FACEBOOK IS ATTEMPTING to wash off the stink of the Cambridge Analytica scandal by embracing privacy in a big way at its F8 conference.
"What happened with Cambridge Analytica was a major breach of trust. So we need to make sure this never happens again," a seemingly dynamic Mark Zuckerberg said, before reiterating that Facebook will be restricting the data developers will be able to access through the social network platform.
He highlighted that any app that had access to large amounts of Facebook data before changes to data controls came into effect in 2014 will also get a probe from his minions.
And to better protect users, Zuck revealed Clear History, which as the name would suggest in a simple tool for Facebook users to clear the data Facebook has on their browsing history.
"You'll be able to use this tool to see the information about the apps and websites you've interacted with. You'll be able to clear all this information from your account, and you'll even be able to turn off having this information stored with your account going forward," explained Zuck.
However, it's worth noting that Facebook won't entirely purge this data as it will need it to keep serving ads, but it will strip out any personally identifying information points that could tell advertisers who you are; basically, you get more privacy but Facebook will still make bank off the back of your info, like it or lump it.
So that's kind of good news for the privacy conscious, but Zuck also said Facebook is going to do more to tackle illegitimate propaganda and the spread of fake news.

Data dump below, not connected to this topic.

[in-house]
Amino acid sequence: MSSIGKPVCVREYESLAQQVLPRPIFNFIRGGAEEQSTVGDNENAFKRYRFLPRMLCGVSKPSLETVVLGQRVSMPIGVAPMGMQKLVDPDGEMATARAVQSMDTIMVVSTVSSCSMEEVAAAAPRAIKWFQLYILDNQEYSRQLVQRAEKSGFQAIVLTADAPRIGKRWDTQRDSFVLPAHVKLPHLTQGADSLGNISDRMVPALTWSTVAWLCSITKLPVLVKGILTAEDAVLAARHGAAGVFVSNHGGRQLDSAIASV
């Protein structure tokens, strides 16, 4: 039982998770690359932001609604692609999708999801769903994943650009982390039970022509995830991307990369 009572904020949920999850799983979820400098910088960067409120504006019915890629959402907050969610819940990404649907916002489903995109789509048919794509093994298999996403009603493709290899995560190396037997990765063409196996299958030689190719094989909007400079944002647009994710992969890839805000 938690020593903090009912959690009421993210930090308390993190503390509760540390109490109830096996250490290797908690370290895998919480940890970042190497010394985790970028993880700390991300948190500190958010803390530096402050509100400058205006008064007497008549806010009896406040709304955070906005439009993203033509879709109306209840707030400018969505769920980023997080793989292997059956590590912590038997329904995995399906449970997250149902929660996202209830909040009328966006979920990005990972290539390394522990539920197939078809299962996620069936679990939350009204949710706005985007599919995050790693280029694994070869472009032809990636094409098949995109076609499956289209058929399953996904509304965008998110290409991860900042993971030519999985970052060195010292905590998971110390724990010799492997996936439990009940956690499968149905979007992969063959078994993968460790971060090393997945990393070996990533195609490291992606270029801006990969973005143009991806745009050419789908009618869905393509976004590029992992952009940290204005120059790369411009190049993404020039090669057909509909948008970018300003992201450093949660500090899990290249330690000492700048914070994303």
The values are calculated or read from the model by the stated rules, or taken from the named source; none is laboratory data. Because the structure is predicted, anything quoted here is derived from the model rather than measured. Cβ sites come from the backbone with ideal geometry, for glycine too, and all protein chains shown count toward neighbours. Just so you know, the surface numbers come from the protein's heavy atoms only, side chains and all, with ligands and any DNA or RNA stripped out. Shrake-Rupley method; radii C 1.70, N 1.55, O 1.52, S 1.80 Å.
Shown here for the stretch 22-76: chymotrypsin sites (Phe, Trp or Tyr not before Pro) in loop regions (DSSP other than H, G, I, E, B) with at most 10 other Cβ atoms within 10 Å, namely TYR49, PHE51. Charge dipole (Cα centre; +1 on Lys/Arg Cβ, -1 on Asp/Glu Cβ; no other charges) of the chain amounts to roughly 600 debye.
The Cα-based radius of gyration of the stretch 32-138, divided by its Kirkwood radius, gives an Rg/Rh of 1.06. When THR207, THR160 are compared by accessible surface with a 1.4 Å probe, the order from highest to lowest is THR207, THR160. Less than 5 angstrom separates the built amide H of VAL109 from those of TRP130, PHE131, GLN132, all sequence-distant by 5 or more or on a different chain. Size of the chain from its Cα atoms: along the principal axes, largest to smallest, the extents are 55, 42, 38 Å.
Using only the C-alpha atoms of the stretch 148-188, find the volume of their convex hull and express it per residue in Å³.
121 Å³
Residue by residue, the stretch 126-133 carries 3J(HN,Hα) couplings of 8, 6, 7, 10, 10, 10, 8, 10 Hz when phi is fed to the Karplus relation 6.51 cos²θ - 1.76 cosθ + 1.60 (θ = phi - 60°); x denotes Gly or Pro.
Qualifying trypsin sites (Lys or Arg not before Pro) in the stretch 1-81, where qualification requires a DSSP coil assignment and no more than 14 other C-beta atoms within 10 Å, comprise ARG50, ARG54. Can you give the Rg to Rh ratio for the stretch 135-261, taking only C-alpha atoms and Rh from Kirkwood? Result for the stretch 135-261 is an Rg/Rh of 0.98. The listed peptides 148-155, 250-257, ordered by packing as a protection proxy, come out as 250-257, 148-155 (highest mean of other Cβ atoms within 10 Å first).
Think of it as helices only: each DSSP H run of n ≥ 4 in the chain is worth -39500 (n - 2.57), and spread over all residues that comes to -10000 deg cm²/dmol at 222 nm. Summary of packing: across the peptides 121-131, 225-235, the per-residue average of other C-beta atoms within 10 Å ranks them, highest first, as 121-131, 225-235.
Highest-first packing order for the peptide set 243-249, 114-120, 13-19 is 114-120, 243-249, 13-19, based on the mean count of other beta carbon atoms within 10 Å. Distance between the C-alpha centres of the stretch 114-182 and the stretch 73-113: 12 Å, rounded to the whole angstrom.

Straight off the cuff, Zuckerberg declared Facebook was "slow to identify Russian interference" within the US general election. As such, anyone wanting to run political ads or large pages will need to be verified by a government ID.
And by the end of the year, Zuck claims Facebook will have 20,000 people working on security and content review, in an effort to prevent the social network from being used to erode the integrity of elections; we'd argue the current crop of politicians with their BS claims do that well enough as it is.
As for fake news, Facebook will keep bringing in more fact checking partners across the globe to verified posts making bold claims.
Facebook-owned Instagram is also getting bit of spit and polish to buff off trolls, with an updated comment filter designed to purge comments that attack a person's appearance or character, as well as threats made against said person's health and well-being.
The flip side to adding more features that could, ironically, allow Facebook users to hide a bit better from the world, was Facebook introducing a bucket load of new social features.
Instagram and WhatsApp will now get group video calling for up to four people at once, so users can not only like that pic of smashed avocado on sourdough but then bother three other pals to get them to go for brunch.
Speaking of sharing, Facebook is now making it easier to share content from other apps like Spotify to the social network and Instagram. The latter is also getting a mode called Focus that blurs out the background of an Instagram 'story' yet still keeps the posters face in sharp focus, because that's something that will apparently appeal - search us, we'd rather stare at dynamic backgrounds than someone's gurning mug.
Messenger, which has a rather fussy UI, is getting an interface revamp and will have features like support for 4K photos, augmented reality effects, and artificial intelligence powered translation.
And to top it all off, Facebook will soon be bringing the ability to snap 3D photos and post them to the News Feed, as opposed to just being able to view 360-degree videos and pics.
Slide into my VR
Having bought Oculus Rift for a cool $2bn back in 2014, it's no surprise virtual reality (VR) would be high on Facebook's agenda. At F8, Zuck's grinning face popped out that the Oculus Go, a self-contained VR headset, will ship that day.